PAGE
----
district court

SPOKANE – A woman detained at the Okanogan County Jail under a U.S. immigration detainer has filed a federal District Court lawsuit against the county.

Maria del Rayo Mendoza Garcia filed the complaint Oct. 9 against Okanogan County, the sheriff’s office and Chief Corrections Deputy Tammi Denney. The suit also names Denney in her individual capacity.

Mendoza alleges that she appeared in Douglas County District Court and was released on her own recognizance, but then spent two days in the Okanogan County Jail based on an immigration detainer from the U.S. Department of Homeland Security.

“However, as several courts have recognized, detainer requests from DHS do not provide state or local law enforcement officers with any authority to arrest or detain individuals for immigration violations,” the lawsuit said.

Sheriff Tony Hawley said the suit has been turned over to the county’s risk manager for evaluation.

The suit challenges the county’s refusal to release individuals based solely on a hold request by immigration officials. Mendoza claims her Fourth Amendment rights were violated.

Hawley said the suit appears to be based on a Yakima County settlement in which that county agreed to change its policy on cooperation with U.S. Immigration and Customs Enforcement.

The change followed challenges to Yakima County’s practice of holding individuals in county custody on an immigration hold past the time they are otherwise eligible for release from jail, according to a Feb. 7 announcement from Columbia Legal Services and Northwest Immigration Rights Project.

The same two organizations represent Mendoza in the action against Okanogan County.

Hawley said Okanogan County changed its policy with respect to civil detainer requests from the Border Patrol and ICE after the Yakima County settlement. Those on federal criminal detainers still will be held.

Mendoza’s incarceration was before the Okanogan County policy change, he said.

According to the lawsuit, Mendoza was arrested March 18, 2019, by the Douglas County Sheriff’s Office on suspicion of fourth-degree assault. She was taken first to the Chelan County Regional Jail.

Later that day, she was transferred to the Okanogan County Jail. Douglas County contracts with Okanogan County to hold its prisoners.

She was jailed pending arraignment before Douglas County District Court.

On March 20, Mendoza was interviewed by a U.S. Border Patrol agent at the Okanogan County Jail. After the interview, the agent issued a civil detainer request for Mendoza.

According to the lawsuit filing, the detainer form was accompanied by a statement of probable cause, written and signed by the Border Patrol agent, alleging that Mendoza violated a civil immigration provision by being in the United States unlawfully. The agent’s statement was not reviewed or signed by a judge, the filing said.

Later that morning, Douglas County District Court ordered Mendoza released on personal recognizance.

The Okanogan County Jail then faxed a Border Patrol hold/notification of release to the Border Patrol and U.S. Immigration and Customs Enforcement informing them that Mendoza was scheduled to be released at 11:45 a.m. March 20 and that she could be picked up that day and within 48 hours, the suit said.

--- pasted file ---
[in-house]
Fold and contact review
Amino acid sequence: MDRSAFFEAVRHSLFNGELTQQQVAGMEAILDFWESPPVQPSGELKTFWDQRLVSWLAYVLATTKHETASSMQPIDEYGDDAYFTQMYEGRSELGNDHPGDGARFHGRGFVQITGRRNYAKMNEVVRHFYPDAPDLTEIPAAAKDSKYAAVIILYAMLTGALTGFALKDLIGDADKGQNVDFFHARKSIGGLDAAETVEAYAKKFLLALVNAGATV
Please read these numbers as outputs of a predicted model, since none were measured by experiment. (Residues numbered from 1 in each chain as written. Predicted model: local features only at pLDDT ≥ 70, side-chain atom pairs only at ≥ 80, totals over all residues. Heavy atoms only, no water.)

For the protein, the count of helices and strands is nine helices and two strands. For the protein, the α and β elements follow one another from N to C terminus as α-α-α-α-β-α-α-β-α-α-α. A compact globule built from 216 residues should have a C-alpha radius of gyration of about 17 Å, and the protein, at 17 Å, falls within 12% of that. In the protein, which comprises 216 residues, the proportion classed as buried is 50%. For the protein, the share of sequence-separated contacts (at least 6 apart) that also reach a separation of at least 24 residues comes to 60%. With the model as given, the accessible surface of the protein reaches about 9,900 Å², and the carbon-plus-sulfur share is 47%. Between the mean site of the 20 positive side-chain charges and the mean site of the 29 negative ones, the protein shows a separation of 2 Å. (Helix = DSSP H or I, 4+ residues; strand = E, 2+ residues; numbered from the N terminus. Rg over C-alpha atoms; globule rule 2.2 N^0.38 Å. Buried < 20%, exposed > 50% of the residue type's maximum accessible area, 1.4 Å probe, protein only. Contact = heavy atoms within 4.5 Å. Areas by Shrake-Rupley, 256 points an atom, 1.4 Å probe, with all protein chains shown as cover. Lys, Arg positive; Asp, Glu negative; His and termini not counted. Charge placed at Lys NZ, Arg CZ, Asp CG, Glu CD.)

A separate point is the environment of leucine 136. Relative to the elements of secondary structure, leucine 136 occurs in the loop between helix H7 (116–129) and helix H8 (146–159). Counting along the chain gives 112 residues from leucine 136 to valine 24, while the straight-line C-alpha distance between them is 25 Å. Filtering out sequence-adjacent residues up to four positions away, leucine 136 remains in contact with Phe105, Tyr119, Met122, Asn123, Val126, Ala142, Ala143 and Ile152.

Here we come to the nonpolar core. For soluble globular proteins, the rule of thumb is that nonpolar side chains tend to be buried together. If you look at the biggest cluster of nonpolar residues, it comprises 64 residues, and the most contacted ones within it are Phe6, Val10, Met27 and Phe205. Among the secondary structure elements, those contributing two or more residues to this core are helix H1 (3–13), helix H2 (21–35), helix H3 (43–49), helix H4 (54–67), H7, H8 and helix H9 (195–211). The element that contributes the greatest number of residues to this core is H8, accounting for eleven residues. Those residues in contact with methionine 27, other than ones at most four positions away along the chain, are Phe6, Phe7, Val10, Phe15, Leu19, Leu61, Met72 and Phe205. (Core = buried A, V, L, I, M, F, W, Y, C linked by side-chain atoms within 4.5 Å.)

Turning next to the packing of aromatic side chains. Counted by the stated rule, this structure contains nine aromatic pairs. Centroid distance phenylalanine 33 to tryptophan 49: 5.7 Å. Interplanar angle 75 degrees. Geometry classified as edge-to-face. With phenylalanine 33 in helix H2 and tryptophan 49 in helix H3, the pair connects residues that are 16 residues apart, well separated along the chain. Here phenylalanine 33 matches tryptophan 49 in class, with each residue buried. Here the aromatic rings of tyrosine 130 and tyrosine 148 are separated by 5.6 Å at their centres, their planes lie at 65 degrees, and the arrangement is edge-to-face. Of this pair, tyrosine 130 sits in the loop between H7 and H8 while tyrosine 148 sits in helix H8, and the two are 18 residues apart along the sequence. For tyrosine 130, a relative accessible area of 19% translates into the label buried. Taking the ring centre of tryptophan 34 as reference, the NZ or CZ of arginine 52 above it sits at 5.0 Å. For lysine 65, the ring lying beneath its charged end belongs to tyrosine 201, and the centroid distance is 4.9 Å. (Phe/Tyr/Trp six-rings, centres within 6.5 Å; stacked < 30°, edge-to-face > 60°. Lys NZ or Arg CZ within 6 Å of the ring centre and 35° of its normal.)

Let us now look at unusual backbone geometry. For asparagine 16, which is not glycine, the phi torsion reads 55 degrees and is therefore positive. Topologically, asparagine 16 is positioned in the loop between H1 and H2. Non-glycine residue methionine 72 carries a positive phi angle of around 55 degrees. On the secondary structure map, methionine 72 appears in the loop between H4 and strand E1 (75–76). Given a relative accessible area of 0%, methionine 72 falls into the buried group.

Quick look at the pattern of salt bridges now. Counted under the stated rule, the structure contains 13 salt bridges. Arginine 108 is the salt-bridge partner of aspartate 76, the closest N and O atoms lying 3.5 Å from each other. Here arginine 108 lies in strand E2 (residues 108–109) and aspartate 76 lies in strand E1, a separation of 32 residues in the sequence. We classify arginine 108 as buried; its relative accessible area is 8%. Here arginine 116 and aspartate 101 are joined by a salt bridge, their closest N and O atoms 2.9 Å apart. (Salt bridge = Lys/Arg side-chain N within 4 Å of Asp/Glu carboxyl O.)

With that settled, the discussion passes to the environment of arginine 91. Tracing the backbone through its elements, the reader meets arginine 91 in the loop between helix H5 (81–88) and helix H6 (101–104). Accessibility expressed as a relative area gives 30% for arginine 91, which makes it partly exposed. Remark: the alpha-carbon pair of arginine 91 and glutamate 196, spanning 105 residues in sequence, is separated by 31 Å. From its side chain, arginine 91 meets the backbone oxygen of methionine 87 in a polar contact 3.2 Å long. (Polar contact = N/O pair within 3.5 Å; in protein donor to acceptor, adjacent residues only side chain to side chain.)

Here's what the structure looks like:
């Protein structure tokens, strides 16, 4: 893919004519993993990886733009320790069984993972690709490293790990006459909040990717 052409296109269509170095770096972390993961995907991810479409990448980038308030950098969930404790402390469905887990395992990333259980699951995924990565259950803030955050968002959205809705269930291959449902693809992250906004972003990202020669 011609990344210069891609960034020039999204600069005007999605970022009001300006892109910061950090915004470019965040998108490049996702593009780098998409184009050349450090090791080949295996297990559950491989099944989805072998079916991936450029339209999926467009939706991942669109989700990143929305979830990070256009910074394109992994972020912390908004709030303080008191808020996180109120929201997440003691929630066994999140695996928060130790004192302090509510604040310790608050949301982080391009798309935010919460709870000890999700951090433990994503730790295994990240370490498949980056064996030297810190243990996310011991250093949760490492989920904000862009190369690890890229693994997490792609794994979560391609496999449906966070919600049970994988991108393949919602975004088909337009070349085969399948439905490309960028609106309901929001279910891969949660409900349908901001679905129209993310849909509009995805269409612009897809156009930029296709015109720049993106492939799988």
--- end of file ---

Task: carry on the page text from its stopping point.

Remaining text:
Denney authorized the notification, preventing Mendoza’s immediate release from jail, the suit alleges.

Mendoza was held until the morning of March 22, when a Department of Homeland Security officer picked her up.

The suit maintains that Mendoza was entitled to release immediately after Douglas County District Court ordered her release.

After federal officials picked her up, Mendoza was taken to the Northwest Detention Center in Tacoma.

The suit alleges Okanogan County had, at the time, a policy and practice of detaining individuals “based solely on an immigration detainer from DHS (including any of its sub-agencies or departments, such as USBP and ICE), even when those individuals would otherwise be entitled to release from Okanogan County Jail.”

Mendoza claims the county relied on the Border Patrol’s detainer request to justify continuing to hold her.

Her suit alleges the county’s policy and practice violated her Fourth Amendment right to be free from unreasonable seizures, resulting in her suffering damages, including loss of liberty and emotional distress.

The suit also makes the same allegations against Denney as an individual.

Mendoza is asking the federal court to declare the practice of placing immigration holds and detaining individuals pursuant to administrative requests from the Department of Homeland Security unlawful and in violation of the Fourth Amendment. She is seeking unspecified damages, attorney fees and costs, and other relief the court may award.

Hawley said he had been continuing a policy in place under his predecessor, Frank Rogers.

In March 2017, shortly after President Donald Trump began issuing executive orders concerning immigration, Rogers told The Chronicle his office did not round up individuals illegally in the country and turn them over to federal authorities.

He said his office didn’t book people solely for being in the country illegally, but “if you commit a crime, then you go to jail,” he said. “The legal status would be dealt with later by the Border Patrol.”

Hawley said that policy has changed, in that the federal detainers now must be criminally oriented and not only for an alleged civil immigration violation.

“We still work with Border Patrol,” Hawley said. “We don’t check immigration status. We don’t seek out” people to detain.

“We don’t look into people’s immigration status.”

The county’s memorandum of understanding with Border Patrol is as a housing facility, he said. Border officers do visit the jail to interview prisoners.

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